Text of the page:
Anyone who has visited this blog in the recent past know that I am pinning great hope on the “emergent” church being able to rescue the current Christian establishments from their focus on believing things about Jesus as opposed to of “being” a Christian through our actions. I was very disheartened when I discovered the statistic that almost no one can tell the difference between a Christian and anyone else in the population. People who call themselves Christians live their lives pretty much like everyone else. In fact they actually divorce more often than non-Christians! Something has to change to move the church and its current occupants to be more Christ like. I am praying the emergent church will be able to do that.
One of the major proponents of the emergent church is Phyllis Tickle. In her book entitled The Great Emergence she shows us that every 500 years the church remakes itself in a major way. Here are some of her words from that book:
The only way to understand what is currently happening to us as twenty-first-century Christians in North America is first to understand that about every five hundred years the Church feels compelled to hold a giant rummage sale. And, he goes on to say, we are living in and through one of those five-hundred-year sales. Now, while the bishop may be using a bit of humor to make a point, his is nonetheless a deadly serious and exquisitely accurate point.
Any usable discussion of the Great Emergence and what is happening in Christianity today must commence with yesterday and a discussion of history. Only history can expose the patterns and confluences of the past in such a way as to help us identify the patterns and flow of our own times and occupy them more faithfully. The first pattern that we must consider as relevant to the Great Emergence is Bishop Dyer’s rummage sale, which, as a pattern, is not only foundational to our understanding but also psychologically very reassuring for most of us. That is, as Bishop Dyer observes, about every five hundred years the empowered structures of institutionalized Christianity, whatever they may be at that time, become an intolerable carapace that must be shattered in order that renewal and new growth may occur. When that mighty upheaval happens, history shows us, there are always at least three consistent results or corollary events. First, a new, more vital form of Christianity does indeed emerge. Second, the organized expression of Christianity which up until then had been the dominant one is reconstituted into a more pure and less ossified expression of its former self.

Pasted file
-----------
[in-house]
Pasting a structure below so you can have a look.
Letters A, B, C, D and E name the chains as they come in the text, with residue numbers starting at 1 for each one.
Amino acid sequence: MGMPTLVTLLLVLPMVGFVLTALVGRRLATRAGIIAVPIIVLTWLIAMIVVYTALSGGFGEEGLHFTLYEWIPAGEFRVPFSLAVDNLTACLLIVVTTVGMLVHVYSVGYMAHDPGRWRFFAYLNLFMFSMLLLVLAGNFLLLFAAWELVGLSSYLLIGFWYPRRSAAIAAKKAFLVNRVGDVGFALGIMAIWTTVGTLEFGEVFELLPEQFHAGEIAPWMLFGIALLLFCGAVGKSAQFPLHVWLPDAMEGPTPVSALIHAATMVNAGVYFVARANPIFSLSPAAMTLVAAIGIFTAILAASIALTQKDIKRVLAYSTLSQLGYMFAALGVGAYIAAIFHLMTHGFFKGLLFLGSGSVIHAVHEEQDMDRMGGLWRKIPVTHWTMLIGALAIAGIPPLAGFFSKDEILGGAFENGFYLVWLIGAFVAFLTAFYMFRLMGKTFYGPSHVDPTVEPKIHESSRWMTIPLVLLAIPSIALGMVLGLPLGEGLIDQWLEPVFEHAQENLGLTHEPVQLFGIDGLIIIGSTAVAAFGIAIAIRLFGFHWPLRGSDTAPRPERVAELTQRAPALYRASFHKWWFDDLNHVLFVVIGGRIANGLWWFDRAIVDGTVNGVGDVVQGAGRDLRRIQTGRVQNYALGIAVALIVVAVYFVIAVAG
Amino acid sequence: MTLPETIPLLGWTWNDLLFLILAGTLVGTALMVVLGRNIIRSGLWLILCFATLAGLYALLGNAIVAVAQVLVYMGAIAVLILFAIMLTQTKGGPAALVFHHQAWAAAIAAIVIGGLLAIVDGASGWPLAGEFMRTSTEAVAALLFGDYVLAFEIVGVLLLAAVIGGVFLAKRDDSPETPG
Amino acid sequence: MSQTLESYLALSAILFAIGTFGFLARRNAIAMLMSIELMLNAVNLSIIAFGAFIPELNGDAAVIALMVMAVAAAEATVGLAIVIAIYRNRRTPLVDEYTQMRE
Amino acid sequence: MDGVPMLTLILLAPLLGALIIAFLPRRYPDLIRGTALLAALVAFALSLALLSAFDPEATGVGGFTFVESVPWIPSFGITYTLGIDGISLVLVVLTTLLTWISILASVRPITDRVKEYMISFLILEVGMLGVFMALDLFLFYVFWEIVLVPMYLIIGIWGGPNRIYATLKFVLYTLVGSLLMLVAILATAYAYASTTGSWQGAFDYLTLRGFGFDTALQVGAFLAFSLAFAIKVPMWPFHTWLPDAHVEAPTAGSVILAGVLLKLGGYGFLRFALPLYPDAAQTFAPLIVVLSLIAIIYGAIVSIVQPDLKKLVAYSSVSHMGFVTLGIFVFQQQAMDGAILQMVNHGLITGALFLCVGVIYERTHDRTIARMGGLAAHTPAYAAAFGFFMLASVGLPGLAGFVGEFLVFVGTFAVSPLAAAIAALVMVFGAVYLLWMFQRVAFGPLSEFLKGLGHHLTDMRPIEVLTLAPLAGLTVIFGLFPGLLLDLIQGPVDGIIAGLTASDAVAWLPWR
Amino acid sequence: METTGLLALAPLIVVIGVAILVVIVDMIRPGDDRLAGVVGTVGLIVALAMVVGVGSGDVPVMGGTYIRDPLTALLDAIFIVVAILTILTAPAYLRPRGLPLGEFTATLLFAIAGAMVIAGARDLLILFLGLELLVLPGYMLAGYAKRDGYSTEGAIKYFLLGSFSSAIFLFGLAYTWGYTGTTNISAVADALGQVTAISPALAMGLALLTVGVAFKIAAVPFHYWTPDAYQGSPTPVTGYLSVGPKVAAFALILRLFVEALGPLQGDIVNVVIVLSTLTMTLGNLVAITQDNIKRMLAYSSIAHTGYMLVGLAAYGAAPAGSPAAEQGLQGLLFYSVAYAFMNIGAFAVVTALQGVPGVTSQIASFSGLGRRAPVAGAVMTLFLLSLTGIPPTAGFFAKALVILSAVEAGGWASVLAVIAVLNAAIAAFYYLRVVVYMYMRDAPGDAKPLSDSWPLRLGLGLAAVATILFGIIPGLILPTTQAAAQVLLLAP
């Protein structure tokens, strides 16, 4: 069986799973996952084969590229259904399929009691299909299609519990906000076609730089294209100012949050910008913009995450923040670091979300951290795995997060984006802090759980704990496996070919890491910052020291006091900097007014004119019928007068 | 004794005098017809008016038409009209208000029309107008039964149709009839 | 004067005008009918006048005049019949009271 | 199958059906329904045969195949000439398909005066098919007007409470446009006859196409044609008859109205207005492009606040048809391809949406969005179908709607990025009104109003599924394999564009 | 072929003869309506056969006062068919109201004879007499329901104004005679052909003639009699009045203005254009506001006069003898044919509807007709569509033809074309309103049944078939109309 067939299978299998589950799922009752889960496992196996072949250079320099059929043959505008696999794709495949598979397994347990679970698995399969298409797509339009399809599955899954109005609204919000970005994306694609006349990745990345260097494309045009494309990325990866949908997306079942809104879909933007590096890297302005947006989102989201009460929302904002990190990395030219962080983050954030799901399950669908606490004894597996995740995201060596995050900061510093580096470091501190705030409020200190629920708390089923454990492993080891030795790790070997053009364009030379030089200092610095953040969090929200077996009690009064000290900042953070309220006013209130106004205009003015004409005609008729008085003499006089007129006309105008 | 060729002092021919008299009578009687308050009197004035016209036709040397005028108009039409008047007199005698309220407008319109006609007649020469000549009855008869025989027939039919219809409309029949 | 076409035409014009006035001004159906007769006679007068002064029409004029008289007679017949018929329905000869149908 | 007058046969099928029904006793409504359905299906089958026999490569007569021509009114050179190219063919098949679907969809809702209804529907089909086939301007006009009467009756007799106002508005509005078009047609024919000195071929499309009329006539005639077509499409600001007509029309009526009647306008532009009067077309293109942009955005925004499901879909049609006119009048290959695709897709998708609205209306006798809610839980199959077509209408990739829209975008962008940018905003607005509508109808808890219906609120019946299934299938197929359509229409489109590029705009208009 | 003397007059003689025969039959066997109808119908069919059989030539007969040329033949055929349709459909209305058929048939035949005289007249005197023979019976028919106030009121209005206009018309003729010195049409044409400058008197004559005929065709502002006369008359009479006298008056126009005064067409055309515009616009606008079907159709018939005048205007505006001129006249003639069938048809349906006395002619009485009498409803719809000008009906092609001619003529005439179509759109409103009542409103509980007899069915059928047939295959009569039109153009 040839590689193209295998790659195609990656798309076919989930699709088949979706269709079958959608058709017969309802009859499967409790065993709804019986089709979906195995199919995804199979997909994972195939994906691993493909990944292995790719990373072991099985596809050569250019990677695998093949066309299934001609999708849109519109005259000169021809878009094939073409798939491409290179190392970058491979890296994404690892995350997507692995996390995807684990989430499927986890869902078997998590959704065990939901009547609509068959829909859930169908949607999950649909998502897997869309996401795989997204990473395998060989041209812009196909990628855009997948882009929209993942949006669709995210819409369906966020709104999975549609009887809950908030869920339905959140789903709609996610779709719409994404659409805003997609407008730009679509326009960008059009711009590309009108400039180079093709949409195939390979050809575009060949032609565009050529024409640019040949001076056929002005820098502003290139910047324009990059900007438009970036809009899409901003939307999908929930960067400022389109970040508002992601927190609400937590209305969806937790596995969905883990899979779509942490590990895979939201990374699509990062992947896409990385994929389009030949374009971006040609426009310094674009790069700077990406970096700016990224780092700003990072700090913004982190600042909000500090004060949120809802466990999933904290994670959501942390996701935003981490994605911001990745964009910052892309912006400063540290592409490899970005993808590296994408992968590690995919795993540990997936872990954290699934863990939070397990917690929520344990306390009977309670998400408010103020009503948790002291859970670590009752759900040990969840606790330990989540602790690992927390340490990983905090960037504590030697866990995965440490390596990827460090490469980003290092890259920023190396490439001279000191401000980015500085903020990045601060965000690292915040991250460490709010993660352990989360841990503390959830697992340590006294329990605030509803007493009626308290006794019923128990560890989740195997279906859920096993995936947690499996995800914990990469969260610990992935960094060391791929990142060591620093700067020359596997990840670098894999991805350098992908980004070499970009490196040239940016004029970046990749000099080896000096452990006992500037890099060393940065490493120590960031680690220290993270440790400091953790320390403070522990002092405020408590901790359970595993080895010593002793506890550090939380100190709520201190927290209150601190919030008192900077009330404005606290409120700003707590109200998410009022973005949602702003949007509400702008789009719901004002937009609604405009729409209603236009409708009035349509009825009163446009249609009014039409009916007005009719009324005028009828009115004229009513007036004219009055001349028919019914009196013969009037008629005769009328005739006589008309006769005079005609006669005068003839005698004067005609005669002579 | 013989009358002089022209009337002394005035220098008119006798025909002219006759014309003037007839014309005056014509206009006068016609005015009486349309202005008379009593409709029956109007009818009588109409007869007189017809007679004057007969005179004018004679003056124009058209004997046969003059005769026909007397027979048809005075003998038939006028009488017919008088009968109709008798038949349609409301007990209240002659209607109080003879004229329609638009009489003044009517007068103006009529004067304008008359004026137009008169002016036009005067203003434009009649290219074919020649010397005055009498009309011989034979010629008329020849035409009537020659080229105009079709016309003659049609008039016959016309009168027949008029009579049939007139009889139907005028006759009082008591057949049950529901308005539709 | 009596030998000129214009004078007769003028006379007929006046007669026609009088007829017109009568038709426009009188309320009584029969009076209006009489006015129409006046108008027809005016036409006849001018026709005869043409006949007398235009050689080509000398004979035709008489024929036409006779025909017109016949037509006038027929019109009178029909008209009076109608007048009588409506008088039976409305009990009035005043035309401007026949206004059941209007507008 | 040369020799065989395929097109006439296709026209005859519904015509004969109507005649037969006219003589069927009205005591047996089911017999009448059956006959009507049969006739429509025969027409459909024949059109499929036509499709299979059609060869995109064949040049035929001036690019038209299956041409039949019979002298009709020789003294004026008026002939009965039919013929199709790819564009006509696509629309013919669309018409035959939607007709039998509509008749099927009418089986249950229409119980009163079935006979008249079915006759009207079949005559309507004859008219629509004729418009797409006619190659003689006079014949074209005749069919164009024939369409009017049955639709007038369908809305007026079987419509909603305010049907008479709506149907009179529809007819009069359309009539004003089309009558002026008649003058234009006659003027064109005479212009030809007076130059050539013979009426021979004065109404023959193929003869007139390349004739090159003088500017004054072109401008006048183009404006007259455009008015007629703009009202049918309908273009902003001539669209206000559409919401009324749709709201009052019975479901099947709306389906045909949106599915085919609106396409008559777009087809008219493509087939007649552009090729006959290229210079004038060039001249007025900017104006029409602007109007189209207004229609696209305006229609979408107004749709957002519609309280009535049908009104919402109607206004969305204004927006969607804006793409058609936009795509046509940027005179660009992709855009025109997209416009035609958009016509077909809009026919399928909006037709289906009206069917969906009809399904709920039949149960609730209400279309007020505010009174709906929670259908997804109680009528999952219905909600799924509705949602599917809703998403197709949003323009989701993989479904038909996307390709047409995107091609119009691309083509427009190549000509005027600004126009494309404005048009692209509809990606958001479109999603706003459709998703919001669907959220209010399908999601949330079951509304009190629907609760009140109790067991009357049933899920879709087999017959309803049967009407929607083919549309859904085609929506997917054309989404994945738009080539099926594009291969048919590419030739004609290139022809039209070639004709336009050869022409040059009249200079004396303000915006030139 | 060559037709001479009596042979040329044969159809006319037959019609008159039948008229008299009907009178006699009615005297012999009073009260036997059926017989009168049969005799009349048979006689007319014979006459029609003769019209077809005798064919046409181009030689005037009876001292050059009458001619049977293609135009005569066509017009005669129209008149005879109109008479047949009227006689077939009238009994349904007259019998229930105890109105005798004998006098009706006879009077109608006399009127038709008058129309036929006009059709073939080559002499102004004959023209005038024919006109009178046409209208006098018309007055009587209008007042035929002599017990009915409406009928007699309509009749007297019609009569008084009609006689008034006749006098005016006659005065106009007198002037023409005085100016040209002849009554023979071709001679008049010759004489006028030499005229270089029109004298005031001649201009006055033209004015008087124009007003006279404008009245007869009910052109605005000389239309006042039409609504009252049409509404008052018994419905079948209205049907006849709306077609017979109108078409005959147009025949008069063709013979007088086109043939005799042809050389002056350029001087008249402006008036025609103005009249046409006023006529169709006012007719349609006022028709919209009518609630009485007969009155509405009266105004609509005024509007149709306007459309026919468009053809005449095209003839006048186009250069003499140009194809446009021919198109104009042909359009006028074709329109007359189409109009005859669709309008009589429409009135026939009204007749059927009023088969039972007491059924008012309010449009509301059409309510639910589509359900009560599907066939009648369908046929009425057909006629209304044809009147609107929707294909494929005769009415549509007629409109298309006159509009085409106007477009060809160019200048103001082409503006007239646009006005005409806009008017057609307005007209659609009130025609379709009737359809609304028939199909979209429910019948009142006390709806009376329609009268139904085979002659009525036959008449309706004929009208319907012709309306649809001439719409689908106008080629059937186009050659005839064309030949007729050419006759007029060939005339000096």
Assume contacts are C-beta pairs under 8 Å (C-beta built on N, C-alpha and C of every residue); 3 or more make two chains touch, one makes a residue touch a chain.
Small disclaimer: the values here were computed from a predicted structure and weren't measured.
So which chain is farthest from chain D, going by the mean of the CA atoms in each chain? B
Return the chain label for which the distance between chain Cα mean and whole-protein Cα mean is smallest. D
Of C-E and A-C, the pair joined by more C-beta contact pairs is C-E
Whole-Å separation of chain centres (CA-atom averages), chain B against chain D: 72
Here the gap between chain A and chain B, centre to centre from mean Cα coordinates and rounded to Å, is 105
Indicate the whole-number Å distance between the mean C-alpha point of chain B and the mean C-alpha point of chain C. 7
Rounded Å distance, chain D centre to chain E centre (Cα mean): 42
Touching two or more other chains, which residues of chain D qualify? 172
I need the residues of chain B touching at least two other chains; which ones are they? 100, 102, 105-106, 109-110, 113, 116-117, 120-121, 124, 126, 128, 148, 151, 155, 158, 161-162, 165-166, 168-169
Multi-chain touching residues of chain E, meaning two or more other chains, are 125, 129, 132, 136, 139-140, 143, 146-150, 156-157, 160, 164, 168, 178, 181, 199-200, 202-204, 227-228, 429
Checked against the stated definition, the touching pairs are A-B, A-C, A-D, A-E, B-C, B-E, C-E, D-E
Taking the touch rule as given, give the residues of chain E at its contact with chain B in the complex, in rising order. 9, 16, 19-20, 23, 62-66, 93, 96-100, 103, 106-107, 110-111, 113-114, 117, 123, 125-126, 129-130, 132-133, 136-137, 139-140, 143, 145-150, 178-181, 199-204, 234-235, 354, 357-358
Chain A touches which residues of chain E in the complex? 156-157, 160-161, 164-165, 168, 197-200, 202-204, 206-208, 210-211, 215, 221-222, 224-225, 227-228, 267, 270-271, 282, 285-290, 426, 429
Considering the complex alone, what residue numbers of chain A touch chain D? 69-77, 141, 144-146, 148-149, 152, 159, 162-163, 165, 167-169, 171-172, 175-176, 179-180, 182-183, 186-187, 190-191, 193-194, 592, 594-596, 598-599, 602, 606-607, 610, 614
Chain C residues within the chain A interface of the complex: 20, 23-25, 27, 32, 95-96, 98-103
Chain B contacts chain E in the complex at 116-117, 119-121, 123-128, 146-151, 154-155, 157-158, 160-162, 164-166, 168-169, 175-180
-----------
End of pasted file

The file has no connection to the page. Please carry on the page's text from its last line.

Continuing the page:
I will be spending the next few posts looking at the three previous remakes of the church and how it changed as a result. I am a lifelong history buff and a thorough believer that if we don’t understand history we are more prone to be repeating the same mistakes over and over again. Next time we will start with the first major remodel of the church in the sixth century.
In this post I will try to give you a very high level view of what I believe is the critical history of the church. Of course, as this study progresses there might be some things I change likely my mind about. As with most everything else I am open to different views and one of them may change my overall concepts (but I kind of doubt it 😉 )
Before I get into the view I will be using I want to give you some idea of other ways church history has been viewed:
Here is a very colorful view showing church history from an orthodox perspective. They show that the orthodox church is the one that has had little change through the ages whereas the Roman Catholic and all its off-shoots have radically changed through the years. They take great pride in saying that they don’t change. Since change is something that human nature seems to generally bristle against this view has some appeal.